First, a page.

piggyback

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Piggybacking

The practice in which a broker conducts a transaction on his/her own account after filling a similar order on behalf of a client. For example, if a client sells 10,000 shares and the broker owns some shares in the same company, he may piggyback by selling his own shares. A broker piggybacks when he/she believes that the client has insider information, or at least a better understanding than the broker on the market's future movements. Piggybacking should not be confused with piggy back registration, which is a different concept altogether.

piggyback

1. A broker trading in his or her personal account after trading in the same security for a customer. The broker may believe the customer has access to privileged information that will cause the transaction to be profitable.

Piggyback.

A broker who piggybacks acts illegally by buying or selling a security for his or her own account after -- and presumably because -- a client has authorized that same transaction.

One speculation is that a broker in this situation thinks the client is acting on information that the broker doesn't have.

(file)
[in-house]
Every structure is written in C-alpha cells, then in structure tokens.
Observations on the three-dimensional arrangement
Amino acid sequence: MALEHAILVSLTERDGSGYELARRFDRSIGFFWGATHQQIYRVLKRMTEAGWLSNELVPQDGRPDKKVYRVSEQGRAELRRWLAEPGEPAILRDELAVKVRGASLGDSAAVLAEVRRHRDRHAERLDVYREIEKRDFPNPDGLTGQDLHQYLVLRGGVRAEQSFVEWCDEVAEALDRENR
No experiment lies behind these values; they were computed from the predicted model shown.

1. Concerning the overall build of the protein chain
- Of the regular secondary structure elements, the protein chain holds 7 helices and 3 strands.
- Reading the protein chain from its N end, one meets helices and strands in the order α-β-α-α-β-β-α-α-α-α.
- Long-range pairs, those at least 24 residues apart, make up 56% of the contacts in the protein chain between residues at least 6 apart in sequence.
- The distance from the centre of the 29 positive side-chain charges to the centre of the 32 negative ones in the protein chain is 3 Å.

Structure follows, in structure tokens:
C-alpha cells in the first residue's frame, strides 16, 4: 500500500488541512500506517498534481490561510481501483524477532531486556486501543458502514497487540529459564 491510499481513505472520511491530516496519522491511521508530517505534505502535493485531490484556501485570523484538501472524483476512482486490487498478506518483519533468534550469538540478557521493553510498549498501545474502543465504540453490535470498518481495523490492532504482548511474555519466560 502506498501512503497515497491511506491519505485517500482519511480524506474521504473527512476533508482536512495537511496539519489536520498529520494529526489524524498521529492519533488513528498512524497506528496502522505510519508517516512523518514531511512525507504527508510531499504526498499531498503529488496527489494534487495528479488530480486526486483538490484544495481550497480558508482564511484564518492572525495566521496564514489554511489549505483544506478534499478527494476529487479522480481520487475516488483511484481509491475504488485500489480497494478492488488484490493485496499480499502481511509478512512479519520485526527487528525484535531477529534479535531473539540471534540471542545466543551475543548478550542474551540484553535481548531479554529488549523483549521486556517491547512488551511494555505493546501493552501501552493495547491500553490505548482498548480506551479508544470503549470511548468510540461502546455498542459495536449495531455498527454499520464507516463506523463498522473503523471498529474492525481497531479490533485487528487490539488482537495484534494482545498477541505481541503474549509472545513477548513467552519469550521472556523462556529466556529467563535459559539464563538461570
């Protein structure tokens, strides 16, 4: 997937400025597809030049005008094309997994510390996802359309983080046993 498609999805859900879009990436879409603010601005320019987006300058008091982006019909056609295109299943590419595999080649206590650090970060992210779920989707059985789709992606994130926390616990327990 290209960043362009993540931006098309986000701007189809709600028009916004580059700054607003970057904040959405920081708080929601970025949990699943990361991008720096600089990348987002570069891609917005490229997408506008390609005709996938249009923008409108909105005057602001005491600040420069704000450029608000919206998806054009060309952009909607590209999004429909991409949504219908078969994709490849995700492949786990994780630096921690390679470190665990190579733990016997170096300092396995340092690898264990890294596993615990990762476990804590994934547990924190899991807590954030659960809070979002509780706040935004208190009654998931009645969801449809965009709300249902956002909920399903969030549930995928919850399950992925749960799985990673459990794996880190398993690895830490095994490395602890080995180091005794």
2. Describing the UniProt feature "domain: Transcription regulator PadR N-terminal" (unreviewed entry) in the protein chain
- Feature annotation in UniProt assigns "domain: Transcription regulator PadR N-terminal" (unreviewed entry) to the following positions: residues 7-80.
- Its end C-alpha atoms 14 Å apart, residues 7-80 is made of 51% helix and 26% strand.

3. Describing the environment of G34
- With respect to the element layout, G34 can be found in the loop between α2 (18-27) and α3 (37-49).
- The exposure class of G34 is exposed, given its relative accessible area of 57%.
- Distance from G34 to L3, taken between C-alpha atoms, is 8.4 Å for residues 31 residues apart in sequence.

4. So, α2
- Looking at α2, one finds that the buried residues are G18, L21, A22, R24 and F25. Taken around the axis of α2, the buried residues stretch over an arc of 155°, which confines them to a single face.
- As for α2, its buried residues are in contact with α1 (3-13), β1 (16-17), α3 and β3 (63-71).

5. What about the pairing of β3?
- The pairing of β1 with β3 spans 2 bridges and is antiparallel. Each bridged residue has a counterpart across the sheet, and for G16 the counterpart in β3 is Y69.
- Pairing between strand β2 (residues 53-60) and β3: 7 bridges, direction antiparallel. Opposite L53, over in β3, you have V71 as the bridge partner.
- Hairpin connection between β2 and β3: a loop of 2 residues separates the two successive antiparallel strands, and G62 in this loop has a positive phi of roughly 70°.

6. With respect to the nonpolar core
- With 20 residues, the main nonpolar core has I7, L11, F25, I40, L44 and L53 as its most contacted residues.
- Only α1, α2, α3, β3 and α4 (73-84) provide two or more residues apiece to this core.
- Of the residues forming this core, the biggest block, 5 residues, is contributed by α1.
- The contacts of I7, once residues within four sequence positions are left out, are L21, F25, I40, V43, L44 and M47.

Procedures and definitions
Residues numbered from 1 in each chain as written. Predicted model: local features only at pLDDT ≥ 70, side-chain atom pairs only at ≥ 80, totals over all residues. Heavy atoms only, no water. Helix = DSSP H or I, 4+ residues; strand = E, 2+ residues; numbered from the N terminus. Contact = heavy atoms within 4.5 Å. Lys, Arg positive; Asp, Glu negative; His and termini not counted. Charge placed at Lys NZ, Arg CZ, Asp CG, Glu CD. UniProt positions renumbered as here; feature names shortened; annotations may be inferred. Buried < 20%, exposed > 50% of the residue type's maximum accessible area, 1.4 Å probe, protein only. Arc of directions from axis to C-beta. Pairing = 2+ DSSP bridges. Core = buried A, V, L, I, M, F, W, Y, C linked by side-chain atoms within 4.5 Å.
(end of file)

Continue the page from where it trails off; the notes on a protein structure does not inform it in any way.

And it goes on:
References in periodicals archive ?
In his recent paper, "The Hidden Risks of Piggyback Lending," economist Charles Calhoun, an independent consultant and researcher based in Washington, D.
While piggyback and other innovative loan products have facilitated high rates of house-price appreciation, they have also increased exposure to the risks of declining housing values.
Figure 3 Comparison of Interest-Only (IO), Piggyback and 30-Year Fixed- Rate Mortgage (FRM) (Purchase Price: $250,000; Down Payment: 10%; Loan Amount: $225,000) Interest- Piggyback (2) 30-Year Only (1) 3/1 FRM (3) Monthly Payment -- Year 1 $1,054 $1,168 $1,375 Monthly Payment -- Year 4 $1,054 $1,445 $1,278 Monthly Payment -- Year 6 $1,909 $1,656 $1,278 Change Since Year 1 +81% +42% -7% Balance Paid at End of Year 5 $0 $15,034 $16,964 Notes: 1 based on 5.
But the whole act of whether you piggyback questions on a marketing research poll is more of a business or ethical issue -- not a matter that affects the results.
FINDS PIGGYBACK LOANS MAY POSE RISK TO MORTGAGE SYSTEM
The Hidden Risks of Piggyback Lending" Identifies Risks to Borrowers, Lenders, Investors; Finds Highest Concentrations of Risky Loans in Regions Most Likely to Depreciate
The rise of piggyback loans in recent years may pose a risk to the financial strength of the mortgage banking system, according to a study released today by PMI Mortgage Insurance Co.
In addition to risks specific to borrowers and lenders, piggyback loans "raise reporting, disclosure, and regulatory issues that represent the unintended consequences of a rapidly growing market segment," the paper asserts.